14/10/2011 letter to
British Broadcasting Corporation

BBC Complaints
PO Box 1922

Dear Sir or Madam,

I am writing to complain about your financial coverage with regard to the banking and monetary system. Ever since the beginning of the financial crisis in 2007/2008 I have watched your coverage, both broadcast and on the internet and observed that you never address the real issues.

The whole problem with the current financial system and the reason the problems are still ongoing is the fact that we have a fiat money system of fractional reserve banking, backstopped by central banking, deposit insurance and legal tender laws.

I have surveyed many people and it is clear to me the public at large doesn't understand the fractional reserve banking system that was codified in law with the legal case of Carr vs. Carr in 1811 when deposit and loan banking were allowed to be merged together. This has been aggravated with the repeal of the United States' Glass Steagal Act of 1933 via the Financial Services Modernisation Act of 1999. Commercial banks are allowed to have money out on loan listed as simultaneously being on deposit and available to customers - akin to a business listing goods payable and good receivable in the same column - something which would be deemed highly illegal for any other business. I have investigated the reserve requirements of British banks and currently there aren't any! The last estimate of their capitalisation I could find was 3.1%, in 1998 - though I suspect that is a lot smaller today given the push for profits and the growth of derivatives since then. Taking the 3.1% figure means that when you deposit £100 in a bank they can lend into existence an additional £3000 and earn interest on it - the modern day equivalent of the goldsmiths of old issuing more gold-claim tickets than gold in the vault.

As is well-documented in the Cobden Centre's recent study of public attitudes to banking...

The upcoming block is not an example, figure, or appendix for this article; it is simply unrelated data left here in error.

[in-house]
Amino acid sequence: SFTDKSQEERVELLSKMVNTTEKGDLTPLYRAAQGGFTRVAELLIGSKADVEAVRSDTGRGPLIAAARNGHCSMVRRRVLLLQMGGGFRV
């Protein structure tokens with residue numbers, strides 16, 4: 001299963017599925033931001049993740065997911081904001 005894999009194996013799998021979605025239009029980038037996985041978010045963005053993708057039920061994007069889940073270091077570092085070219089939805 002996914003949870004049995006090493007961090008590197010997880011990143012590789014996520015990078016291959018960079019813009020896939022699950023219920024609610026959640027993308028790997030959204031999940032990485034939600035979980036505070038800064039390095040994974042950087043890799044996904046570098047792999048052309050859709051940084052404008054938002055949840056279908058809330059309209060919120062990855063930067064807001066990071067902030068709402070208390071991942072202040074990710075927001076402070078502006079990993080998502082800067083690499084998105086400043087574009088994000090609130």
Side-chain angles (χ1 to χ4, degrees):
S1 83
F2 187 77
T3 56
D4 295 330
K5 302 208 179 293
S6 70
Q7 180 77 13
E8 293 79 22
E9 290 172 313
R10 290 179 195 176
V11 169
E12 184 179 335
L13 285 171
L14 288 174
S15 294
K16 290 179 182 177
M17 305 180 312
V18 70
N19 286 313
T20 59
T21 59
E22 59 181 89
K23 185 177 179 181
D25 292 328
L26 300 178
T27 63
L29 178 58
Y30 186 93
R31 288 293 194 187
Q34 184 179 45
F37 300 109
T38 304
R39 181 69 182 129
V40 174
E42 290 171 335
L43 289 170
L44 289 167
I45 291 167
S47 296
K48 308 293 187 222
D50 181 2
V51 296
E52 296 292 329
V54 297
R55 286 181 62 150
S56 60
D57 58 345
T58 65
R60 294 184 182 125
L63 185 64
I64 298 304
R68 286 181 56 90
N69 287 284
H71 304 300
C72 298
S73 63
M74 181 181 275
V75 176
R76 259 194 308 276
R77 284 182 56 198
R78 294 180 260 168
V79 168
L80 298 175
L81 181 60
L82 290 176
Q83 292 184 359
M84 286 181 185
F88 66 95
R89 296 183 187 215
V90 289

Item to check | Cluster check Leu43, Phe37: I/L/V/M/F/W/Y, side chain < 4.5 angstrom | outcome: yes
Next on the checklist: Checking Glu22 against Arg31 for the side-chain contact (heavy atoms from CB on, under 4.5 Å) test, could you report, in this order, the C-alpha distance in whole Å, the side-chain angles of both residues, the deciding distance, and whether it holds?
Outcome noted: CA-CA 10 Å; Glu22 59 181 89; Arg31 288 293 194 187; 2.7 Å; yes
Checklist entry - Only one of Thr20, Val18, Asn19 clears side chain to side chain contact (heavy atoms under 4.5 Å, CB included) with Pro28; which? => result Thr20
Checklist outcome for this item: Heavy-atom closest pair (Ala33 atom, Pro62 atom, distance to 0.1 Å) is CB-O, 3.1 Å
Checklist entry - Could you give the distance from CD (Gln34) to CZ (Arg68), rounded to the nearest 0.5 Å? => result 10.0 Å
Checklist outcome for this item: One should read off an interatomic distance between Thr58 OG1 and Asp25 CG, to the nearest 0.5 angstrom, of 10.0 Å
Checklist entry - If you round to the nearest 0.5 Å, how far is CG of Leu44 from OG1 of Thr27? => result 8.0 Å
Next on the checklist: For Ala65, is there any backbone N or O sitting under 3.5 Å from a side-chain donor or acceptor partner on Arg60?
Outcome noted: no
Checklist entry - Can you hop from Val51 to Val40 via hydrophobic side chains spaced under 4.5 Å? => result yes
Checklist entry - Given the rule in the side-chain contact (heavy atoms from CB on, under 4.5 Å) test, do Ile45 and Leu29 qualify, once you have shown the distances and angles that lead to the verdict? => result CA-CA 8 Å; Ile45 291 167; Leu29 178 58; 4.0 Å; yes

...most people believe that when they get a loan they are borrowing the savings of other people or institutions, but that is not the case at all. The money essentially springs into existence when they sign the loan agreement. It is legal counterfeiting, plain and simple. The newly created money flows into goods and services and creates price inflation, which is a hidden tax on the holders of money. This inflation tax is the most insidious and devious of all taxes - silent and undetectable to most people. To make matters worse we have legal tender laws to force us to comply with the situation and to stop us choosing to use something else as money if we figure it out.

It is no wonder that the banking system relies on confidence - the money isn't there! When someone withdraws £100 from a bank the loans pyramided on top must be contracted. It is this that can cause bank runs and hence the need for central banking to be the lender of last resort.

When the Which? banking commission asked the public to submit questions I responded - to no avail. The resulting hearings completely ignored this aspect. I marvel at this when fractional reserve banking is the primary factor regarding the soundness of banks for consumer protection purposes. Deposit insurance pay outs would result in debasing the money so that is hardly an acceptable protection.

I've endured various banking hearings; time and again the main issues were ignored. Whenever banking reform is mentioned, one hundred percent of the debate by the government and the financial establishment et al. is about the nuances and minutiae of the regular functions of the banking system and how it affects consumers. Not one single thought is ever given to the system itself from a macro perspective. Deliberately or otherwise, the result is a managed debate. We get to choose which fairly minor adjustments to the system we wish to try out; ultimately it doesn't matter because the system lives to fight another day. Where is the BBC on these issues?

Fredrik. Von Hayek won a Nobel peace prize for his work on interest rates. He showed the price of money plays a very important function, that of sending signals to entrepreneurs. When people have a lot of capital from saving, the cost of borrowing money is low and that just happens to be at a time when people are saving for the future and choosing not to consume today. Entrepreneurs can borrow that capital to start various ventures. As this pool of capital is depleted interest rates rise and cool down the expansion. When savings are scarce and therefore interest rates are high, it just happens to be at the time when people are not saving and are consuming instead. Free market interest rates therefore are a huge factor in moderating the economy, encouraging expansion at the right time and in the right areas and discouraging malinvestment and bubbles or what Alan Greenspan once called "irrational exuberance".